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Reagents: Rocket Docket Brings Promega, Applera to Court This Fall

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Though MJ Research’s much-buzzed-about lawsuit seeking to invalidate Applera’s key sequencing patents isn’t expected to see a courtroom anytime soon, spectators could get a sneak peek at a similar argument thanks to Wisconsin’s speedy trials.

Promega, a reagents and DNA testing company based in Madison, originally sued Applera for patent infringement and was answered by a countersuit charging Promega with infringing an Applera patent. Promega has responded by suing to invalidate the patent at issue. Fondly known as ’748, the patent is the third major installment in ABI’s sequencing estate, covering the reagents needed for the sequencing process and issued in 2001 to Lloyd Smith, Mike Hunkapiller, Tim Hunkapiller, Lee Hood, and Charles Connell.

Promega’s home-court advantage is significant, because Wisconsin is one of the few states that rely on the “rocket docket” — a system that fast-tracks every case, regardless of merit, which has given Promega v. Applera v. Promega v. Applera a starting date of November 18.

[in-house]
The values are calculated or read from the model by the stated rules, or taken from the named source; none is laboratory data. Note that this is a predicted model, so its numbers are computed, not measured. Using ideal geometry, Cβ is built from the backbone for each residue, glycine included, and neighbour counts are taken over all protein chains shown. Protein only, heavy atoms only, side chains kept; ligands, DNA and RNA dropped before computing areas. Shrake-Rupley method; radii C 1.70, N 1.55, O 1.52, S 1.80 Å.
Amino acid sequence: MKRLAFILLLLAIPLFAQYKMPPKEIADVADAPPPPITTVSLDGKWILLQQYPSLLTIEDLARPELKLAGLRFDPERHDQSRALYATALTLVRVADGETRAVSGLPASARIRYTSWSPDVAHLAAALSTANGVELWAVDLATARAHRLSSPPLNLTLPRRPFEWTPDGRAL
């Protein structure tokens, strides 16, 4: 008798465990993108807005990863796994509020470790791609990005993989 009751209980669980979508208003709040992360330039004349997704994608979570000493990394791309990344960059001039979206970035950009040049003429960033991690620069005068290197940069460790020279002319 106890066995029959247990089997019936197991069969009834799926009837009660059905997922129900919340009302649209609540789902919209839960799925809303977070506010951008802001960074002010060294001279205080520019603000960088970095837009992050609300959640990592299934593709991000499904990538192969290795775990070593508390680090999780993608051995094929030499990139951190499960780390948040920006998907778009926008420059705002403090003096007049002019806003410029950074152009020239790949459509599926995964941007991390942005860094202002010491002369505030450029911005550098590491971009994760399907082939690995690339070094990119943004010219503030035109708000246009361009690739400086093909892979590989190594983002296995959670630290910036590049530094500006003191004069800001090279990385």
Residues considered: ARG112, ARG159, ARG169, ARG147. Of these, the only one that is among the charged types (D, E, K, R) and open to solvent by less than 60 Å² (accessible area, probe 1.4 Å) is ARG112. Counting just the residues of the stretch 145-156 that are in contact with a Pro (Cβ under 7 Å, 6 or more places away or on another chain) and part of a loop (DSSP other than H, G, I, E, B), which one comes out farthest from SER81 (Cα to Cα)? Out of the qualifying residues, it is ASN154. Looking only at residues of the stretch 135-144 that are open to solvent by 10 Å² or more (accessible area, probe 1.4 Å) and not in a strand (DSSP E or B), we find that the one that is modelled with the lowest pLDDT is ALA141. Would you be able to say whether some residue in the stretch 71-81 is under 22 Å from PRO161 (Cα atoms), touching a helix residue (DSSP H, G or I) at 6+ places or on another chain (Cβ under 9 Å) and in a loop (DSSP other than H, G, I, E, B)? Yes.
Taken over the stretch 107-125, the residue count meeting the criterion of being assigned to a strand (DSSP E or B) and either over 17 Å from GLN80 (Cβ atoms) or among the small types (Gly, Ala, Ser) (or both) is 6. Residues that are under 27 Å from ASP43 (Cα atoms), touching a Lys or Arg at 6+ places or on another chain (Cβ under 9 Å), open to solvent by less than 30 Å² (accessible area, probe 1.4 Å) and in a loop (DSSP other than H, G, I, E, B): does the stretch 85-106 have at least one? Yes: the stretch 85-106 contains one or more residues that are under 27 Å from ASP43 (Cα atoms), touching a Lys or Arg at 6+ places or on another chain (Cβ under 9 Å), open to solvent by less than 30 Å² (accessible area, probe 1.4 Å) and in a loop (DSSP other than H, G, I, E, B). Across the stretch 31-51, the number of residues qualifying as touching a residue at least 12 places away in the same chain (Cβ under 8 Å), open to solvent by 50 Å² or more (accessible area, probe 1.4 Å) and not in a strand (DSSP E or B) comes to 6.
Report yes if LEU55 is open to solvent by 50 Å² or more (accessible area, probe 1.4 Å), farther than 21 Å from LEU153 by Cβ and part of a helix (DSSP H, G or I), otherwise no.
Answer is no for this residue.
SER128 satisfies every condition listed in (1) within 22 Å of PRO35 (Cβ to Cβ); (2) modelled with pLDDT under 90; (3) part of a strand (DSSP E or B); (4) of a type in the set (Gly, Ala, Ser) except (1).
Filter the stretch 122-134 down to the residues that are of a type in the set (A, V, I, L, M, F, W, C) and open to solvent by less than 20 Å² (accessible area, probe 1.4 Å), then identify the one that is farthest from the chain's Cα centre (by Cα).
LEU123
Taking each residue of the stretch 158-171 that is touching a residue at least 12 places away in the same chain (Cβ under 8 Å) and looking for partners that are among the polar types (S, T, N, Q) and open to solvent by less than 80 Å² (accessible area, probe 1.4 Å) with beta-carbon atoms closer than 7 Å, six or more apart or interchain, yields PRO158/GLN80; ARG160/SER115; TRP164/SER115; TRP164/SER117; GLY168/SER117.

Promega VP and general counsel Brenda Furlow refuses to give away the argument for what she expects to be a jury trial, but says there are “a number of grounds” that could be used to declare the patent invalid, including previous work in the field that wasn’t acknowledged in the patent application, or an inadequate description of the patented item. (In its suit, MJ Research has charged that the inventors failed to list a key inventor, Henry Huang, and that they did not disclose previous work that they used for the patent.) “We’re attacking whether they really should have gotten the patent,” Furlow says.

A spokeswoman for Applied Biosystems says, “We continue to believe that we have a strong case against Promega in the area of fluorescent dye labeled PCR primers. We look forward [to] the successful resolution of the litigation.”

For Promega, which goes head-to-head against Applied Biosystems with its short-tandem-repeat-based paternity and forensic tests, winning this lawsuit would be quite a victory. It could also narrow the patent, if it isn’t invalidated: “We think this really is a patent about sequencing,” says Furlow, adding that Promega uses its reagents to detect STR patterns, not to sequence. But she’s not viewing this as a watershed case for the sequencing (or anti-Applera) community: “We haven’t really looked at the broader issue,” she says.

— Meredith Salisbury

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